Jan. 26, 2011
Yesterday a close friend sent a list of the past 33 Horse-of-the-Year winner, asking for them to be ranked. I was reminded of the statements made during the most recent Horse-of-the-Year squabbling, that it would be a shame for Zenyatta to be denied a Horse-of-the-Year title, given all that she has meant to the sport. I admit to agreeing to that philosophy.
What strikes me is that in the list of the past 33 winners of the award are a number of horses which will only be a blip on the history of racing in North America and I feel for some of the worthy ones from past years who were defeated by the very weak winners.
Here at Oaklawn, where we carried a chip on our shoulders for a long time in the face of the "elite" tracks of America, those which have run over our track have, to our way of thinking, largely been overlooked in post-season honors. It came as something of a shock, albeit a pleasant one, when Oaklawn and the Cella family were extended an Eclipse Award following the centennial 2004 season. For me personally, going to the Eclipse Award ceremony ranks among my fondest memories.
But when I look at the names of the Horse-of-the-Year winners, I see some which raced at Oaklawn and which probably didn't do a good job of earning that title. The three which caught my attention foremost were Black Tie Affair, Criminal Type and Favorite Trick. Black Tie Affair was a non-threatening third in the 1991 Razorback Handicap, behind a couple of forgotten runners, Bedeviled and Din's Dancer. He was awarded the 1991 Horse-of-the-Year award. He succeeded Criminal Type, who had raced an undistinguished fourth place finish in the 1990 Oaklawn Handicap behind the likes of Opening Verse, De Roche and Silver Survivor. Both of those two became champions after they raced at Oaklawn.
Favorite Trick, on the other hand, came to Oaklawn in 1998 as the first two-year-old to be Horse-of-the-Year since Secretariat, 26 years earlier. Favorite Trick was undefeated when he entered the Oaklawn starting gate for the Arkansas Derby, but could do no better than third behind one pretty good horse, Victory Gallop (he later snatched the Triple Crown away from Real Quiet in the final jump of the Belmont Stakes) and one not-so-memorable horse, Hanuman Highway. Favorite Trick failed to sustain his greatness from that point.
Yet, while we were upset about a lack of respect, Oaklawn was proud of one older runner, who was solid, Cigar. His win in the 1995 Oaklawn Handicap was heralded as the Race-of-the-Year on the ESPN network and his contuining great performances saved him a place among the greats of the 20th century. Add to his name those of two ladies, Lady's Secret (1986) and Azeri (2002), who also ranked among the very best of the century and came by their titles honestly.
Azeri will always be something special to Oaklawn fans. Following her title in 2002, she returned to Oaklawn in 2003 and won one of the greatest performances in my 37 years at this track, catching the talented Take Charge Lady in the final jump. The picture of the finish is, in my not so humble opinion, is the greatest ever taken of horses at the finish. They are totally in unison, all four legs off the ground and each leg in the same position. Their ears are pointed in the same direction and they were both giving the 100% we're used to seeing from great horses. For some crazy reason that picture did not win at Eclipse Award. There are always injustices in the Eclipse world and that was one. But I have a mousepad with that picture on it and I still marvel at the brilliance of the photography.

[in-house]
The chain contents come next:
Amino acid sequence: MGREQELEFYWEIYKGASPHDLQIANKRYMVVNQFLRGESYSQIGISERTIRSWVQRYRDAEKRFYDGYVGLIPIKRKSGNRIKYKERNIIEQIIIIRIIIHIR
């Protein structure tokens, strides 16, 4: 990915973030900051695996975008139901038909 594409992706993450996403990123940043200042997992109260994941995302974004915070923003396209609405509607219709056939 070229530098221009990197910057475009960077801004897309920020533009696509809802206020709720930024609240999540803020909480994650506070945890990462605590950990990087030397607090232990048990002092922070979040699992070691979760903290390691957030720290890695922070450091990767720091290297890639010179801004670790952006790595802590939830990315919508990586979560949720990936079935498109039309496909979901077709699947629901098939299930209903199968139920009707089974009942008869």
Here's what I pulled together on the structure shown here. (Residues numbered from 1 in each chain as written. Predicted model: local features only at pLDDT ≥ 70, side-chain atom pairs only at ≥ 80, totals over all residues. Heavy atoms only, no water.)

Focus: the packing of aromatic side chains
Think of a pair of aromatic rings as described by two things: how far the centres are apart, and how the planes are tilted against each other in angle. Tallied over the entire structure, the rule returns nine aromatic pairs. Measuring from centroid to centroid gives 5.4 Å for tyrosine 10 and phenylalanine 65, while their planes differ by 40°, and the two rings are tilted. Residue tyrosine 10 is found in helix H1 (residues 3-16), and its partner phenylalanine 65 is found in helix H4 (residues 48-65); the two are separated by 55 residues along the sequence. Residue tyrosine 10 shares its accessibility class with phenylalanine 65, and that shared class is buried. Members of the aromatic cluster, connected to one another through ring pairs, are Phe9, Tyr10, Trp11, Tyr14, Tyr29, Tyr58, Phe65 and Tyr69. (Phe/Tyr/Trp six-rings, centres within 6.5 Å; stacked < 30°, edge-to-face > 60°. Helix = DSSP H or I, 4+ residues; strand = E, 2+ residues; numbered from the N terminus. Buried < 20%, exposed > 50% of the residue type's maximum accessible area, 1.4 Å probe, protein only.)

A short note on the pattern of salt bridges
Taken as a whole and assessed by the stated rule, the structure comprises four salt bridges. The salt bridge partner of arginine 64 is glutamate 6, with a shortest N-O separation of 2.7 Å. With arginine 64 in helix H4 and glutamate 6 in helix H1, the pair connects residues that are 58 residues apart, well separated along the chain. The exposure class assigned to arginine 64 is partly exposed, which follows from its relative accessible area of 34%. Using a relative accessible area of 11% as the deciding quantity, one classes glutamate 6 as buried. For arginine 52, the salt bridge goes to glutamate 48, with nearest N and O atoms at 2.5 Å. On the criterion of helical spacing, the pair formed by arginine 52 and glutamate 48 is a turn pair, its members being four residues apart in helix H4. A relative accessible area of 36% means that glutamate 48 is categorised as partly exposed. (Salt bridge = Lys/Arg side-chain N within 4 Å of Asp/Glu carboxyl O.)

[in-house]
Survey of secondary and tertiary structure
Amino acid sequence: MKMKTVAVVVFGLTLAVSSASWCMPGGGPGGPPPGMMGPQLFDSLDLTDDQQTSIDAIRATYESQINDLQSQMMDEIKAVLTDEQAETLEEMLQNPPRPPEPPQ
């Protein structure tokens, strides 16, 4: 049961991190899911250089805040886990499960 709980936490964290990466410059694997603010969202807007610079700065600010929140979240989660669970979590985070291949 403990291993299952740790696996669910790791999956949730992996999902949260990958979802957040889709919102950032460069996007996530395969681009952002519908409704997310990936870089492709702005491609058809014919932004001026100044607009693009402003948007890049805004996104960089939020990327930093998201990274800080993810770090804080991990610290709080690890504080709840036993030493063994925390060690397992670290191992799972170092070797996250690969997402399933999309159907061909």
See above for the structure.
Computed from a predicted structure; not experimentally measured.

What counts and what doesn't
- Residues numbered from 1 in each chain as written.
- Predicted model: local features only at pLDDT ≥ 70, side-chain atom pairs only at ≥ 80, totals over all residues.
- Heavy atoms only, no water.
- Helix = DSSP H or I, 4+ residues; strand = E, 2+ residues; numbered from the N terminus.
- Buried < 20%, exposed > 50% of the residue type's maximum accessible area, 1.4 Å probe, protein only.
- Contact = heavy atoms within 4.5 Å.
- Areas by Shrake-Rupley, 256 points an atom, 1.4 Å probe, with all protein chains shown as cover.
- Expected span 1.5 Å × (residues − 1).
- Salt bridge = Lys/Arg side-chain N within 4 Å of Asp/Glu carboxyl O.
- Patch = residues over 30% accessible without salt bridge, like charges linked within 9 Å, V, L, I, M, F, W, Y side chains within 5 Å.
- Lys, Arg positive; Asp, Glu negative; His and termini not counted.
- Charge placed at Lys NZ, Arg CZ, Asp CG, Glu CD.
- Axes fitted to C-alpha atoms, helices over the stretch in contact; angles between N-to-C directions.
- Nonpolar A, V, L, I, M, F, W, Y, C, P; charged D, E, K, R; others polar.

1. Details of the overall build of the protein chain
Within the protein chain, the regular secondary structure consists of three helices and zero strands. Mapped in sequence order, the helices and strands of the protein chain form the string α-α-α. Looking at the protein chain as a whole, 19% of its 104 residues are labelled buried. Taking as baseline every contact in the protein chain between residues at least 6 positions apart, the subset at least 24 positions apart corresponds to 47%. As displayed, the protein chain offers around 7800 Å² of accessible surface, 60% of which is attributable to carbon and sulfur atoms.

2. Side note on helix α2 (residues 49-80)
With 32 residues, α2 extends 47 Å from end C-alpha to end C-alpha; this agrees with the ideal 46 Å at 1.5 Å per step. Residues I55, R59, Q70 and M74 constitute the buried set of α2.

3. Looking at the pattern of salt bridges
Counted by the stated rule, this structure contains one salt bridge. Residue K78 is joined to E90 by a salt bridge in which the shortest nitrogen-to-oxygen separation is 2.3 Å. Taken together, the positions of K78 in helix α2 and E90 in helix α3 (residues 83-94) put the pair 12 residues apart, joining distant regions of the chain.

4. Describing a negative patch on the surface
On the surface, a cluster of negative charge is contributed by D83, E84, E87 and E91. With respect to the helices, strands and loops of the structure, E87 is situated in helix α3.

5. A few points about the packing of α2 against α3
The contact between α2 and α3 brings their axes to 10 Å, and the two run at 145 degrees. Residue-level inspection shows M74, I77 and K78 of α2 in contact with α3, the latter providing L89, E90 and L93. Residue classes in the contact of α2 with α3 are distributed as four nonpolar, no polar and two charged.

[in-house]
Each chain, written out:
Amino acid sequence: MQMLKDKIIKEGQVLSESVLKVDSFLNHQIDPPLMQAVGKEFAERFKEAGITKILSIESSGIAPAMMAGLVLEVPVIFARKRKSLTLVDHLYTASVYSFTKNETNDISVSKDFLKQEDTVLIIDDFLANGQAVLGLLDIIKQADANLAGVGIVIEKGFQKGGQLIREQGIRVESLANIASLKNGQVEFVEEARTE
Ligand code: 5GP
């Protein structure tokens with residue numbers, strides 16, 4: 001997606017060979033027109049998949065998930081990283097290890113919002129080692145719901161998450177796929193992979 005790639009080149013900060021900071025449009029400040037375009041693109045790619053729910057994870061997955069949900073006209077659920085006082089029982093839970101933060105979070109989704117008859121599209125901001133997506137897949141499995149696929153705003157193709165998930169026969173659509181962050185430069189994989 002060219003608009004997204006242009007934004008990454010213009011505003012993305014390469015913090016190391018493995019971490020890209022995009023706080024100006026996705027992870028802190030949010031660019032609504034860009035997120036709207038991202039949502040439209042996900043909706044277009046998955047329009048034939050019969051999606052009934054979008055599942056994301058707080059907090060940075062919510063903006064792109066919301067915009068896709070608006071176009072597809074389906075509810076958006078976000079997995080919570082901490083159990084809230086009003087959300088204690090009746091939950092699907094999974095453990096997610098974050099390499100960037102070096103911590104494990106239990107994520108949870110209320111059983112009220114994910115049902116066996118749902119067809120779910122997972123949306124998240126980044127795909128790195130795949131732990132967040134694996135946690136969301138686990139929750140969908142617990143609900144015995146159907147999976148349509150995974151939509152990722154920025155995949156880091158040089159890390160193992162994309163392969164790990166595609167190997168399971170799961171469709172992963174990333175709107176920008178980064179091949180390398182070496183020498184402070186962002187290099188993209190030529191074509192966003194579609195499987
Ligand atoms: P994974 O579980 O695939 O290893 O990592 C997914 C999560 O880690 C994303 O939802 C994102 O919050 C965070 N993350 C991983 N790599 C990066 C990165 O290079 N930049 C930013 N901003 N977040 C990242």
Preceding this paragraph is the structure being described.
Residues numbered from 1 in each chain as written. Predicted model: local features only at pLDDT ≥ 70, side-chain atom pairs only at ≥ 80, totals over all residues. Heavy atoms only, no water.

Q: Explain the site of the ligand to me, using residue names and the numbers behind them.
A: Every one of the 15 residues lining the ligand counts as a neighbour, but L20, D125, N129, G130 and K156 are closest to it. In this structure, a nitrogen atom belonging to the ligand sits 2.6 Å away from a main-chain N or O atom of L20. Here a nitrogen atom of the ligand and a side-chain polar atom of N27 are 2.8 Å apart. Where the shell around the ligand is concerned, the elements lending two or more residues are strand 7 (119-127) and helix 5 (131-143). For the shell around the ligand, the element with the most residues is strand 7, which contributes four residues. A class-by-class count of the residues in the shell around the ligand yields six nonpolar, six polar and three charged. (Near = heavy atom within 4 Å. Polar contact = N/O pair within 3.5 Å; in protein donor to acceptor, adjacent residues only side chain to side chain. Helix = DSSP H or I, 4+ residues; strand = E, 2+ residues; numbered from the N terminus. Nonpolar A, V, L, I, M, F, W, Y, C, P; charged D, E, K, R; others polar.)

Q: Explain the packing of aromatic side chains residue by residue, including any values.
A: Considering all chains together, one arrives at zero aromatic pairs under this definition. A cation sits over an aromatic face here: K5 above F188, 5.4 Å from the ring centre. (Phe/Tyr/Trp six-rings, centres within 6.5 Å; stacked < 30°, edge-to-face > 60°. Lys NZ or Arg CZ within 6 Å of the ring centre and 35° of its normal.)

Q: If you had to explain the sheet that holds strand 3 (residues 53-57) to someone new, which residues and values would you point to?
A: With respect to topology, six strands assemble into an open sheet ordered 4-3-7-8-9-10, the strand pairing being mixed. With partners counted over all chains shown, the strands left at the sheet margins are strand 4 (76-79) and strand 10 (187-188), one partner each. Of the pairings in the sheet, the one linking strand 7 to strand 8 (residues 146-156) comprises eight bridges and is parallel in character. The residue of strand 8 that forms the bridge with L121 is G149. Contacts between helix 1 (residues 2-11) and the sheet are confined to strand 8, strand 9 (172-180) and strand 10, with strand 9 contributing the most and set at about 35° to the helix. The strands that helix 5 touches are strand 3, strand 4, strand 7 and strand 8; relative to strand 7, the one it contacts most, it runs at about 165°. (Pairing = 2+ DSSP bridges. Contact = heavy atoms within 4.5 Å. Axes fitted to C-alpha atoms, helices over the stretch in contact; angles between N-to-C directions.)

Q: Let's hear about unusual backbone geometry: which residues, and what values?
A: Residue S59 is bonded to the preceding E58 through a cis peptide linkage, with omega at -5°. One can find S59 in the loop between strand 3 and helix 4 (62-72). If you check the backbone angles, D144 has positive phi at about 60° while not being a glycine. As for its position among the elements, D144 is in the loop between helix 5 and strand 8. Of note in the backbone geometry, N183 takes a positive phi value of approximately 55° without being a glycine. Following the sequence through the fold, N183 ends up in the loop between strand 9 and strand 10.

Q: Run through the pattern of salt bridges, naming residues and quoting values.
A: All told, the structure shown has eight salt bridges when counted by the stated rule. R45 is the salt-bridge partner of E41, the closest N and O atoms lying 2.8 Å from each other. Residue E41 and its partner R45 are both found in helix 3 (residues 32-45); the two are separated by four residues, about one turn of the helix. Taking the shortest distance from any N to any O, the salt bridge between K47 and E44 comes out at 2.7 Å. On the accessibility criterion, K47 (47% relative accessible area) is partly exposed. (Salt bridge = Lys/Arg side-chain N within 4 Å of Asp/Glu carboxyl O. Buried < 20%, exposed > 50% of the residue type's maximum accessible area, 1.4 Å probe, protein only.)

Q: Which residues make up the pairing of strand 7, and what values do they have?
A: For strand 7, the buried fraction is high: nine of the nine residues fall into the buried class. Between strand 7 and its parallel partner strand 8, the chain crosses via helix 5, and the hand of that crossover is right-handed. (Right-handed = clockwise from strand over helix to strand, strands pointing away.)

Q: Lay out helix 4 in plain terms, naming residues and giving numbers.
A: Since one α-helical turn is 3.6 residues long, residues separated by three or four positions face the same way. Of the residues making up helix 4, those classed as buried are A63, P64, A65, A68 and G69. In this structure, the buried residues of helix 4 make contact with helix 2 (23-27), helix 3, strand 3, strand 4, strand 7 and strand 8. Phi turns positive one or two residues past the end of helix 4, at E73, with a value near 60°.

Now, since the centennial year, the list of great Oaklawn runners has been terrific. Memories in racing are short and rarely do the voters remember what happened back in January, February, March and April when they make decisions in November and December. But Smarty Jones, Instant Racing and Charles Cella all happened to come together at the same moment in that year, 2004, and changed the status of Oaklawn, hopefully forever.
Ironically, on the day I am writing this, something called the "Bleacher Report" on the Internet calls Oaklawn the Best Meet (Excluding Breeders' Cup races) in 2010. It cites the trifecta of Lookin At Lucky, Blind Luck and Zenyatta, along with the efforts of Charles Cella to get Zenyatta and 2009 Horse-of-the-Year, Rachel Alexandra (a multiple Oaklawn stakes winner as a 3-year-old) together in the "Battle of the Ages". How times have changed. There are no more chips on shoulders around here. The horses racing at Oaklawn in this era are more than mere blips on racing history. The respect lacking in earlier times is now present and Arkansans are proud.
Charles Cella has been the moving force through this entire time. He wanted to have "the best damned racetrack in America." With his two Eclipse Awards (he also got one for racing the 1995 champion turf horse, Northern Spur) and a lot of momentum, he might have reached his dream. Oaklawn hasn't always had the best or earned the title. It's been a long time coming and it's taken a big-time dedicated team effort. But that's how it has happened. And, like Zenyatta, it would be a shame to deny him that moment. That, as Paul Harvey used to say, is the rest of the story.